Eiffel Tower Project

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by mathproject55
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Algebra I

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Eiffel Tower Project

The Eiffel Tower


Built for the 1889's World Fair, the Eiffel Tower is still considered an architectural masterpiece today. The tower was designed by Gustave Eiffel’s company and was originally disliked from most Parisians.

The tower is 300 meters tall and weighs 7,000 tons. It was the world's tallest building until 1930. There were: 2.5 million rivets and 300 steel workers used in its constructions and it took 2 years (1887-1889) to construct. The tower sways a maximum of 12 centimeters in high winds. There are 1652 steps to the top, 40 tons of paint were used to paint it, and 15,00 iron pieces were used in its construction.

The design of the Eiffel Tower was created by Maurice Koechlin and Émile Nouguier. They both worked for the Compagine des Etabissements Eiffel after a discussion about a centrepiece for the 1889 Exposition Universelle, to celebrate the centennial of the French Revolution.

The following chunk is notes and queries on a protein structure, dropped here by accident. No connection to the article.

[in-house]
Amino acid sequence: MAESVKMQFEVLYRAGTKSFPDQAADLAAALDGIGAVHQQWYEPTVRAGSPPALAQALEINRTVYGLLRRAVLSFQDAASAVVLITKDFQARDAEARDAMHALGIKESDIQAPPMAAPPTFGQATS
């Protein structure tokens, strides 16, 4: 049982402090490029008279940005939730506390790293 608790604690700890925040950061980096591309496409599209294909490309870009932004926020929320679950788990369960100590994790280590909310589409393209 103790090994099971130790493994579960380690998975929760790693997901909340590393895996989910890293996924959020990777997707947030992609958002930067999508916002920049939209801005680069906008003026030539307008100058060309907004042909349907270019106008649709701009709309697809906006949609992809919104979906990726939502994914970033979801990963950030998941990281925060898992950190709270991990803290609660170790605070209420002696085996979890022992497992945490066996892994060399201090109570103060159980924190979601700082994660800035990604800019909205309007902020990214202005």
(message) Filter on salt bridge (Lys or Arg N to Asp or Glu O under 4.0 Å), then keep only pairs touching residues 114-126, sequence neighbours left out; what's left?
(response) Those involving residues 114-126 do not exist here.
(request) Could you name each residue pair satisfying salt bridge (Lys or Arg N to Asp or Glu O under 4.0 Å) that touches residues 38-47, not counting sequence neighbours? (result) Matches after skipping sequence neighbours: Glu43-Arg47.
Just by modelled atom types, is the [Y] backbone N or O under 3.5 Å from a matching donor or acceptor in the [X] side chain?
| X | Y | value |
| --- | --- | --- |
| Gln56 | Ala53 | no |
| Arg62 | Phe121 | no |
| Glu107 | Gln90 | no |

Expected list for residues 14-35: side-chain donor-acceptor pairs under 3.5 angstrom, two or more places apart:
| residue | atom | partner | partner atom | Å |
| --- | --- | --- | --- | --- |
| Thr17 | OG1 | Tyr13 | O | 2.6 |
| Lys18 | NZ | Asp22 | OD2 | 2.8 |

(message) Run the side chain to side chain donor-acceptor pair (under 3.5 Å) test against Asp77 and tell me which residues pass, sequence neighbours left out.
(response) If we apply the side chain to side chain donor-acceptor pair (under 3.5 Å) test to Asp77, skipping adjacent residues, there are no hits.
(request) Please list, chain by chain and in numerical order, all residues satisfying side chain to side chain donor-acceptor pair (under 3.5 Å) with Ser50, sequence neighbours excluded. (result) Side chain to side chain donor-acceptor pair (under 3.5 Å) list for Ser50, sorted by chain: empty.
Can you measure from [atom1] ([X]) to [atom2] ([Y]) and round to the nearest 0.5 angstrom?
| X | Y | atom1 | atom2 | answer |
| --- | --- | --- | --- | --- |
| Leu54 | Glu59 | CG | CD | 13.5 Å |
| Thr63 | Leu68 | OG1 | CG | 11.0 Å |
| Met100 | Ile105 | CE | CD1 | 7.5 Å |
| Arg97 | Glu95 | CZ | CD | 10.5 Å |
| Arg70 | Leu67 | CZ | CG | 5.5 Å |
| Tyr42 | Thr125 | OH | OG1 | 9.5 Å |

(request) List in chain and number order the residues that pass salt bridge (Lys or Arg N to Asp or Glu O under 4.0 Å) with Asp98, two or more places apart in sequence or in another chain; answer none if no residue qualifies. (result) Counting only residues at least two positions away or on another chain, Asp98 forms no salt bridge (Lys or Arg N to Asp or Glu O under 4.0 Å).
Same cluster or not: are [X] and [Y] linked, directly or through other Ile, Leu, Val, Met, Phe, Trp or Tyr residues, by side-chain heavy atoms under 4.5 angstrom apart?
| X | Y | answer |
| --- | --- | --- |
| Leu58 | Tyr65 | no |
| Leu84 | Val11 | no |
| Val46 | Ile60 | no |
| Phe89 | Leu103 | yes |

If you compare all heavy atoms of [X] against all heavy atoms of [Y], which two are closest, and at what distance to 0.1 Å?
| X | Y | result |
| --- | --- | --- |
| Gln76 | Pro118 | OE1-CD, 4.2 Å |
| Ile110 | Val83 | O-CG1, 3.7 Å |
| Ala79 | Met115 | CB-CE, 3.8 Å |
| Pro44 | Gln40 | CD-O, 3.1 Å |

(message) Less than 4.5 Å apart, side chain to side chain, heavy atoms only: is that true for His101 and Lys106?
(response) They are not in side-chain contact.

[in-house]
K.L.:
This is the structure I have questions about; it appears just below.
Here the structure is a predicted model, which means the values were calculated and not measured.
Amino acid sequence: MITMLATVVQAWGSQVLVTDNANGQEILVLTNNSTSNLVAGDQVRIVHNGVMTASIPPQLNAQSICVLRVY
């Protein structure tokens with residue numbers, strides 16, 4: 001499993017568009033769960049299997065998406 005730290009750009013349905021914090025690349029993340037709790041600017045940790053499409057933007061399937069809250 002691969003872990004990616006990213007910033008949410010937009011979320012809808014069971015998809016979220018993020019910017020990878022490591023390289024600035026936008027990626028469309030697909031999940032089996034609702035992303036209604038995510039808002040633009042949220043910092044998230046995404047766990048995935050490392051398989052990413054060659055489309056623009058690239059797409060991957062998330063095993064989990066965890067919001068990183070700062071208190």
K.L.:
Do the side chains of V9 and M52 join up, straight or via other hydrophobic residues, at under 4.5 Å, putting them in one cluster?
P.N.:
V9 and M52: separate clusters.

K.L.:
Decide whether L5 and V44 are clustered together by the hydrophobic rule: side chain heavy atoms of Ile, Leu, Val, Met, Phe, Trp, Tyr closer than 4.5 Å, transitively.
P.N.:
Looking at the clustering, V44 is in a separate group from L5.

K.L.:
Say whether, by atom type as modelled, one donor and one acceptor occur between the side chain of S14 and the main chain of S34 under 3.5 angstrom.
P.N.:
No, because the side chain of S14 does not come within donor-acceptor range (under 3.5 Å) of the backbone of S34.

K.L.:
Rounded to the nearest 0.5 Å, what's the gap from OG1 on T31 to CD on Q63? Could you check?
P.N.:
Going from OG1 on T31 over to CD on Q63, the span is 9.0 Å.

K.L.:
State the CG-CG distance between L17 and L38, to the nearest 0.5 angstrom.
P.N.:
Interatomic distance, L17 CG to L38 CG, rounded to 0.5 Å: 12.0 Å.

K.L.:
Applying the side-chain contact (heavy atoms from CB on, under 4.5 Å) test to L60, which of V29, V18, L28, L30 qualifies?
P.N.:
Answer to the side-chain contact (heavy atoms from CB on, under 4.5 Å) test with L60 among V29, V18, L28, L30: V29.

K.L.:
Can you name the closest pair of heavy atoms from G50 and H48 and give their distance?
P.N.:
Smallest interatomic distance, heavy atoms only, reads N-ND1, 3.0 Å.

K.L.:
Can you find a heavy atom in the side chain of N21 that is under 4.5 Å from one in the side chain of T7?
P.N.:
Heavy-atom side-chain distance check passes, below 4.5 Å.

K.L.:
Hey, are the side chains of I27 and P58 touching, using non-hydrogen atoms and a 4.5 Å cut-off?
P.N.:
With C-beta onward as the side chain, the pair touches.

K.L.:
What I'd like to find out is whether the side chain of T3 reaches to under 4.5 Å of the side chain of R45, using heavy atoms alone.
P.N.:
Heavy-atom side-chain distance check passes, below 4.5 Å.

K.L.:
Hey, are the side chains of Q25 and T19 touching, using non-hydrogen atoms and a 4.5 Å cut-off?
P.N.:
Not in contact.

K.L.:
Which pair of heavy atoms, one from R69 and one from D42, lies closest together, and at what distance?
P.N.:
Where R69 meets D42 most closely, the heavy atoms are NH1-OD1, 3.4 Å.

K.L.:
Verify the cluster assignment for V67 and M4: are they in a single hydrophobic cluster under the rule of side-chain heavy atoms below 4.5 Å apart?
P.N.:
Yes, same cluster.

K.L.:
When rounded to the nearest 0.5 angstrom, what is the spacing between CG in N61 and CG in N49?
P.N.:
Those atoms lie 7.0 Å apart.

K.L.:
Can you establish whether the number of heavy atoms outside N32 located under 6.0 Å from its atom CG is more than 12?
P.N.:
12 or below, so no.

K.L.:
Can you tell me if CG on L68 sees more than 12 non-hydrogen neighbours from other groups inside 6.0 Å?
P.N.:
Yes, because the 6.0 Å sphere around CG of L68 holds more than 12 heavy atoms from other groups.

Koechlin was working at home and made an outline. He drew a scheme, and described he it as a “great pylon, consisting of four lattice girders standing apart at the base and coming together at the top, joined together by metal trusses at regular intervals.”

Paris, the capital of France, is the home of the Eiffel Tower. The Eiffel Tower is a key landmark of Paris and a desired destination for many travelers.

The connections to algebra are that we had to find the slopes and the y intercepts for some of the lines. When we had both of these we needed to put the equation in two different forms; Slope Intercept Form and Standard form. This relates to algebra because you can get the equation for every line. The straight lines, curves, and angles are all related to math and are all visible in the Eiffel Tower.


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